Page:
Background: The ability to construct simple computer programs (coding) is being progressively recognized as a life skill. Coding is now being taught to primary-school children worldwide, but current medical students usually lack coding skills, and current measures of computer literacy for medical students focus on the use of software and internet safety. There is a need to train a cohort of doctors who can both practice medicine and engage in the development of useful, innovative technologies to increase efficiency and adapt to the modern medical world.
Objective: The aim of the study was to address the following questions: (1) is it possible to teach undergraduate medical students the basics of computer coding in a 2-day course? (2) how do students perceive the value of learning computer coding at medical school? and (3) do students see computer coding as an important skill for future doctors?
Methods: We developed a short coding course to teach self-selected cohorts of medical students basic coding. The course included a 2-day introduction on writing software, discussion of computational thinking, and how to discuss projects with mainstream computer scientists, and it was followed on by a 3-week period of self-study during which students completed a project. We explored in focus groups (FGs) whether students thought that coding has a place in the undergraduate medical curriculum.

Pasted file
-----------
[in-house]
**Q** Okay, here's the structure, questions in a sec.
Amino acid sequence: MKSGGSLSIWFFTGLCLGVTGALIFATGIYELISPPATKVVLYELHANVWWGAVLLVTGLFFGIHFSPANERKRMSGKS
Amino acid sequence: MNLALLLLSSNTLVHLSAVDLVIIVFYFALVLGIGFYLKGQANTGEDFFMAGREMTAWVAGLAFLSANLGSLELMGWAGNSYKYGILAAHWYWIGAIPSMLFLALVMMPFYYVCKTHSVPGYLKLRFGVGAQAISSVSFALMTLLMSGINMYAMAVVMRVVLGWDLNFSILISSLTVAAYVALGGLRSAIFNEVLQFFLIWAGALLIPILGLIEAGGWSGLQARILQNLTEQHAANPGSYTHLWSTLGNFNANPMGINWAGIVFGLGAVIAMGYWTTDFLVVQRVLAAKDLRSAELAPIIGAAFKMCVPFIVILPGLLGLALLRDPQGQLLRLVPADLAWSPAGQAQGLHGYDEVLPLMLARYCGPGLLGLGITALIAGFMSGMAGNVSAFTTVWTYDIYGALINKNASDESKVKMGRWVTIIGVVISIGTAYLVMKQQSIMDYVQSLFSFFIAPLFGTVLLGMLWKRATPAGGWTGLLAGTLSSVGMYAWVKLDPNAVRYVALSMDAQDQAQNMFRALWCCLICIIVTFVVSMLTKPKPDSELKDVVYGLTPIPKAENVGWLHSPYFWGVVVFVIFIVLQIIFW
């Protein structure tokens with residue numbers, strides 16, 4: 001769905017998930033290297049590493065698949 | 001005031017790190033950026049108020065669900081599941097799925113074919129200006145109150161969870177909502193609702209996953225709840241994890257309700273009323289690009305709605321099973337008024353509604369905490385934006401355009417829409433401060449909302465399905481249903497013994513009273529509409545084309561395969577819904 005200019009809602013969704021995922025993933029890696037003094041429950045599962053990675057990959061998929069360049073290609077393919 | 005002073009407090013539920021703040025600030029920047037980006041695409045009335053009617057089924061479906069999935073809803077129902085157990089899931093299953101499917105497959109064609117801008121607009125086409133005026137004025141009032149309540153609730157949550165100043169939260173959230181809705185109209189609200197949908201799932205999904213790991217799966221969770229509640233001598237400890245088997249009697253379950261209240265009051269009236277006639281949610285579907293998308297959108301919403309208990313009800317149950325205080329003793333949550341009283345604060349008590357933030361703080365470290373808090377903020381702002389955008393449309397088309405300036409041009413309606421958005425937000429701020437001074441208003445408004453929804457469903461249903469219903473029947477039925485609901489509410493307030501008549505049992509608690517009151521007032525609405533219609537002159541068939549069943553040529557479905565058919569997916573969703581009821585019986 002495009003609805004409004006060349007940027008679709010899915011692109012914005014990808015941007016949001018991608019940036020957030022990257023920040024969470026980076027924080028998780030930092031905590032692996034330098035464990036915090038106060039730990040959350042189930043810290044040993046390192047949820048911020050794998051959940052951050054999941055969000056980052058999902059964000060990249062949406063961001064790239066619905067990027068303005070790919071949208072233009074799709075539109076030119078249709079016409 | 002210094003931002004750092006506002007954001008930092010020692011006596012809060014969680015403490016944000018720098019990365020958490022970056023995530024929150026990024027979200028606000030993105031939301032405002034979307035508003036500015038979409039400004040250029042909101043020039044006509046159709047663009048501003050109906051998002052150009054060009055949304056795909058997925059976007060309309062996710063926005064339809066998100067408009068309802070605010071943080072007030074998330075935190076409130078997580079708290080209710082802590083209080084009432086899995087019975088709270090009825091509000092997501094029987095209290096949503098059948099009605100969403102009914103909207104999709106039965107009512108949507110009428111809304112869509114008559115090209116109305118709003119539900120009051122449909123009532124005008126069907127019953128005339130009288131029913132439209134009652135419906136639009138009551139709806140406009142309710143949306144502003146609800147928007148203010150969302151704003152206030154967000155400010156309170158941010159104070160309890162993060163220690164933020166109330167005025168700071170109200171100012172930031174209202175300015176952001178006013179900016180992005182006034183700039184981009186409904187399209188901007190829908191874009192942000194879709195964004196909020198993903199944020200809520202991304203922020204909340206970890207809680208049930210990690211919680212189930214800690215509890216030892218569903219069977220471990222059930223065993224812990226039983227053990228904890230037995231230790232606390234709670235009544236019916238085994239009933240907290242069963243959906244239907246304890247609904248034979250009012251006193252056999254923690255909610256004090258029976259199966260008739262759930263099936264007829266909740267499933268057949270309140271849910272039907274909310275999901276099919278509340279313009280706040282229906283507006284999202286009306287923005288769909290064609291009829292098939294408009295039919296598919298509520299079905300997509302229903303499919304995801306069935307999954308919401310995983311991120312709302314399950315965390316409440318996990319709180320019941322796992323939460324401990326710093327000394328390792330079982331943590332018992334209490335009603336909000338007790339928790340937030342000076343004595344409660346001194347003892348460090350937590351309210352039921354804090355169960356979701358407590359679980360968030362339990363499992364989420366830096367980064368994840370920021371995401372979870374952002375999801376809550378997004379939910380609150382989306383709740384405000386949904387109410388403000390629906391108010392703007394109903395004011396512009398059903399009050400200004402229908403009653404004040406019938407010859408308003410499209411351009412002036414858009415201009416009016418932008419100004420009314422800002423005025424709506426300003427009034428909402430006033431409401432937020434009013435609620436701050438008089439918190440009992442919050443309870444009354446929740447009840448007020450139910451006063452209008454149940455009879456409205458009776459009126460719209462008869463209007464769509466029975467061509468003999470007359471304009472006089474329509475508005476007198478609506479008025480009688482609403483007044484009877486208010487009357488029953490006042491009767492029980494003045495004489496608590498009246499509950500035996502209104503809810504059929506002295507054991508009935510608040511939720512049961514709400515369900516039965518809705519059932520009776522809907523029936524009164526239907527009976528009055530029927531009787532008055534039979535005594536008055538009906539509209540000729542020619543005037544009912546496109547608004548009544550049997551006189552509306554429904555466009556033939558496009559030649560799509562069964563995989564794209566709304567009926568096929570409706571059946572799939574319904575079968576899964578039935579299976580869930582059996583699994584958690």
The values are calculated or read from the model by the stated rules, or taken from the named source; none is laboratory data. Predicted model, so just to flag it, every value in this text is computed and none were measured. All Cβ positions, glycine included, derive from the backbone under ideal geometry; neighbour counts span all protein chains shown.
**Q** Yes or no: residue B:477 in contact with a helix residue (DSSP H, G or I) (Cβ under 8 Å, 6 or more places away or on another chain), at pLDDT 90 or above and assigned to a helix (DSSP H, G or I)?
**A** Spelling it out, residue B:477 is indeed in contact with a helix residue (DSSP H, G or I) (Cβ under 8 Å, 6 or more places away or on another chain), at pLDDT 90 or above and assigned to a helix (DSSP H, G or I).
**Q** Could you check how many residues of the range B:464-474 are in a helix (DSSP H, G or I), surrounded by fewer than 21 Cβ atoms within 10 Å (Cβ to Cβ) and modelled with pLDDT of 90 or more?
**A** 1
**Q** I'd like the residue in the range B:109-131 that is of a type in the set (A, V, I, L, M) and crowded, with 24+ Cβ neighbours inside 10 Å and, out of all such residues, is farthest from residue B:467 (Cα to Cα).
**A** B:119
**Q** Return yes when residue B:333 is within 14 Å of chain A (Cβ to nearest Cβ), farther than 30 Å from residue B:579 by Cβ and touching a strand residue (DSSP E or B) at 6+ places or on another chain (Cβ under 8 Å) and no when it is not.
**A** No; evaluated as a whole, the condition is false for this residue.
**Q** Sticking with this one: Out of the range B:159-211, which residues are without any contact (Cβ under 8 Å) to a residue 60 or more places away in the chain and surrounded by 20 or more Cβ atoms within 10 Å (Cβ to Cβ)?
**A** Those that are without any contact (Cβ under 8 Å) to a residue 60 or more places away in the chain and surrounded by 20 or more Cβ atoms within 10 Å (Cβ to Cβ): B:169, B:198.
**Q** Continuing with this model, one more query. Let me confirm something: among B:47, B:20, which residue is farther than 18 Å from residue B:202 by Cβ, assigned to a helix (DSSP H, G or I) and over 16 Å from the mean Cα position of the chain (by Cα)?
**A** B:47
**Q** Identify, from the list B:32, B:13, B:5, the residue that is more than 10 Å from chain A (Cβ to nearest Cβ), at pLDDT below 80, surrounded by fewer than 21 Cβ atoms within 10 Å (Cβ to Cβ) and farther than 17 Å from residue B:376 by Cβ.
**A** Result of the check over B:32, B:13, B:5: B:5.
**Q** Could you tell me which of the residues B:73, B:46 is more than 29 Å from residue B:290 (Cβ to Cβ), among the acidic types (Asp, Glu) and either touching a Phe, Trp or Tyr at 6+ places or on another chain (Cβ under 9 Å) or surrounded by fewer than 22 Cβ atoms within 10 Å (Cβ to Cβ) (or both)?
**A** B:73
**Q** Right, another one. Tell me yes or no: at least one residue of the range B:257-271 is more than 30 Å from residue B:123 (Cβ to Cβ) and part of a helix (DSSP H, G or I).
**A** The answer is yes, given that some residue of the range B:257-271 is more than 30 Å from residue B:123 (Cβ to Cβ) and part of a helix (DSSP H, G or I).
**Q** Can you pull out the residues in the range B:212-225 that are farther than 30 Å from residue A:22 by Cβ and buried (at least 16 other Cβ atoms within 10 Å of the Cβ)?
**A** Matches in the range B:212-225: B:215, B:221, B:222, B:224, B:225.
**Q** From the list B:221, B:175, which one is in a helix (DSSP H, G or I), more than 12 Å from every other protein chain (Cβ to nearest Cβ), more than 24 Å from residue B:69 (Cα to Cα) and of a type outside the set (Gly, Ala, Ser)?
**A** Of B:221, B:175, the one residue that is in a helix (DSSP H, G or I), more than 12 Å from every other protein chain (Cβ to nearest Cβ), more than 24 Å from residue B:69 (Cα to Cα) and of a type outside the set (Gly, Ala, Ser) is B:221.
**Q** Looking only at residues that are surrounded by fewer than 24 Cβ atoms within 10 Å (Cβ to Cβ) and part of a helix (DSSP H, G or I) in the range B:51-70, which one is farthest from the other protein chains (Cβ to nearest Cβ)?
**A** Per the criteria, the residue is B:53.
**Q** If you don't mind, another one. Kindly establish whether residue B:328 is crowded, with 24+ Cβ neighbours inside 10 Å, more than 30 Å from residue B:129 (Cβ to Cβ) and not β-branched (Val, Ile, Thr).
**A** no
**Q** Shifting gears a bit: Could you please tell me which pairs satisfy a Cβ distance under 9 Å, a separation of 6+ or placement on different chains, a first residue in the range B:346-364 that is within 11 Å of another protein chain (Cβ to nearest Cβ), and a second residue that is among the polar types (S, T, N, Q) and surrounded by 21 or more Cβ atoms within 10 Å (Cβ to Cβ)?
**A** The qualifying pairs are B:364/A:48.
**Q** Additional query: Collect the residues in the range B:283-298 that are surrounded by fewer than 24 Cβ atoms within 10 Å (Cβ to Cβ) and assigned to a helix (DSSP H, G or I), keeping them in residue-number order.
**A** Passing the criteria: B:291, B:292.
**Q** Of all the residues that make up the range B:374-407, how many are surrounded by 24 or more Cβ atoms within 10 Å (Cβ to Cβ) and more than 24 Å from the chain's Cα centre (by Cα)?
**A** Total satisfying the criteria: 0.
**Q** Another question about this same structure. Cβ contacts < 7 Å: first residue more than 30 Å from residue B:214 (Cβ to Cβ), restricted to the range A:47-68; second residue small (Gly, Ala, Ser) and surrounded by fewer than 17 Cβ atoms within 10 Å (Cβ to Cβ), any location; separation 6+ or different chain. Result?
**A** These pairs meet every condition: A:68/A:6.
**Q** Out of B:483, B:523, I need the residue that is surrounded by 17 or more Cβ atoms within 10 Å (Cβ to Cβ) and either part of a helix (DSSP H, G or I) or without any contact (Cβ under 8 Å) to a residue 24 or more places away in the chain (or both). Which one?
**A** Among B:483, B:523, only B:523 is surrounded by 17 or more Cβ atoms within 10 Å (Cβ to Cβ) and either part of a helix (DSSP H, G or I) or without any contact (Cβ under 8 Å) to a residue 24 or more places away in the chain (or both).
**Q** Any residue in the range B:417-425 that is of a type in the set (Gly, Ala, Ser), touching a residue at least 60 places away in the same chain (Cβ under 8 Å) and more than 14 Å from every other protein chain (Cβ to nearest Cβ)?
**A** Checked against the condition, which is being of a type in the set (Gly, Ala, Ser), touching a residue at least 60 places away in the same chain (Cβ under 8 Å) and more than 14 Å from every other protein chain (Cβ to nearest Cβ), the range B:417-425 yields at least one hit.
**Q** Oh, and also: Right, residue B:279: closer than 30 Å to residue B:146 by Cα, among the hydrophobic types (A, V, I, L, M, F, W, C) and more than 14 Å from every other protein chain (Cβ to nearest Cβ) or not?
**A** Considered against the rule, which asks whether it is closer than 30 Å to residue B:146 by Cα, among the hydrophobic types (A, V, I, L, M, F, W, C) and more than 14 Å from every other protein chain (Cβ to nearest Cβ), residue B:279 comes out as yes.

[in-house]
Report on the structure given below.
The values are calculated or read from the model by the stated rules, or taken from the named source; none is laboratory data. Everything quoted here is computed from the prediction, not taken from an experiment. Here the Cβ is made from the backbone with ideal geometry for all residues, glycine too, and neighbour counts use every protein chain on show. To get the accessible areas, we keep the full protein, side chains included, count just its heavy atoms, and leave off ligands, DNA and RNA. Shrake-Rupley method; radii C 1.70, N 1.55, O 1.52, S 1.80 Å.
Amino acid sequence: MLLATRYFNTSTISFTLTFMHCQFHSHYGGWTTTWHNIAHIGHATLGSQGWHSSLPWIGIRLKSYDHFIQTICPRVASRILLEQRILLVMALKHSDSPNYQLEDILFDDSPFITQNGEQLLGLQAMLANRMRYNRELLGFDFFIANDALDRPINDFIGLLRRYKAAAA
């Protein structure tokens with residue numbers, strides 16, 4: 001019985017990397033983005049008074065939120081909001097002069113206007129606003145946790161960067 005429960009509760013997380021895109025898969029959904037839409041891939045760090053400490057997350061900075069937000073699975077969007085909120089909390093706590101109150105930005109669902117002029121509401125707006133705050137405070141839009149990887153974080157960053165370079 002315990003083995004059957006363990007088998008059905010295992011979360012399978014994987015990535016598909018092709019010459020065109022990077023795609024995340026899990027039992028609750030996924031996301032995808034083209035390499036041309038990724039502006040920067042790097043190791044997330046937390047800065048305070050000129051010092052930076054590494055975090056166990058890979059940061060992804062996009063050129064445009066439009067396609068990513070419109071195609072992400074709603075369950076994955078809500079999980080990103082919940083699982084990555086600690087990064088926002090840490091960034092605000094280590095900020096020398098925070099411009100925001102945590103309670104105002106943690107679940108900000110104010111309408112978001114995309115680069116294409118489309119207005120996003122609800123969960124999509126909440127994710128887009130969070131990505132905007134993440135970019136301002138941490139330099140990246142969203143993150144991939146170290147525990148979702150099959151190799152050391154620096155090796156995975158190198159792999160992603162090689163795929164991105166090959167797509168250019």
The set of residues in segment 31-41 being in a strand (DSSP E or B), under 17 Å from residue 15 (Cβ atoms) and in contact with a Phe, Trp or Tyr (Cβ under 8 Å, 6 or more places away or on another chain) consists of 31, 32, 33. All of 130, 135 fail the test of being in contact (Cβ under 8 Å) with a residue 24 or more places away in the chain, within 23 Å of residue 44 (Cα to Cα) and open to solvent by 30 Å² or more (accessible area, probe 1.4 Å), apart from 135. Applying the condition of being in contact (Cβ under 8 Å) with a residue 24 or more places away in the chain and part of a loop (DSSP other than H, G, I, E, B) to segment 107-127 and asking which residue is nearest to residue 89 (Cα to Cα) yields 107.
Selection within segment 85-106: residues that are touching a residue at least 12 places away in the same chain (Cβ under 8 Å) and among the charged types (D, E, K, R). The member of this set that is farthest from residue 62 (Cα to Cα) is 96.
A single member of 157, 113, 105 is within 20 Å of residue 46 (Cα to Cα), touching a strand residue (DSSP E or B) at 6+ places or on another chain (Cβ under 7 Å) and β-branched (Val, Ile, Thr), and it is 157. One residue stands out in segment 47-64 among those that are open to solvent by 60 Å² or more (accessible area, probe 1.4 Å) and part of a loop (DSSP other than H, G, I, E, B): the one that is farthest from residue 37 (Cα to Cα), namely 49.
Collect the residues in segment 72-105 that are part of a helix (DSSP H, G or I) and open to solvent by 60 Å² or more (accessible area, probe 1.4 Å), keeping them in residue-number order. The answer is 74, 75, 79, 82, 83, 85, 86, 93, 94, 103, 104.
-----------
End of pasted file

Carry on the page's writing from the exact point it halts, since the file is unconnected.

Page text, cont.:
Results: Our results demonstrate that medical students who were complete novices at coding could be taught enough to be able to create simple, usable clinical programs with 2 days of intensive teaching. In addition, 6 major themes emerged from the FGs: (1) making sense of coding, (2) developing the students’ skill set, (3) the value of coding in medicine, research, and business, (4) role of teaching coding in medical schools, (5) the concept of an enjoyable challenge, and (6) comments on the course design.
Conclusions: Medical students can acquire usable coding skills in a weekend course. They valued the teaching and identified that, as well as gaining coding skills, they had acquired an understanding of its potential both for their own projects and in health care delivery and research. They considered that coding skills teaching should be offered as an optional part of the medical curriculum.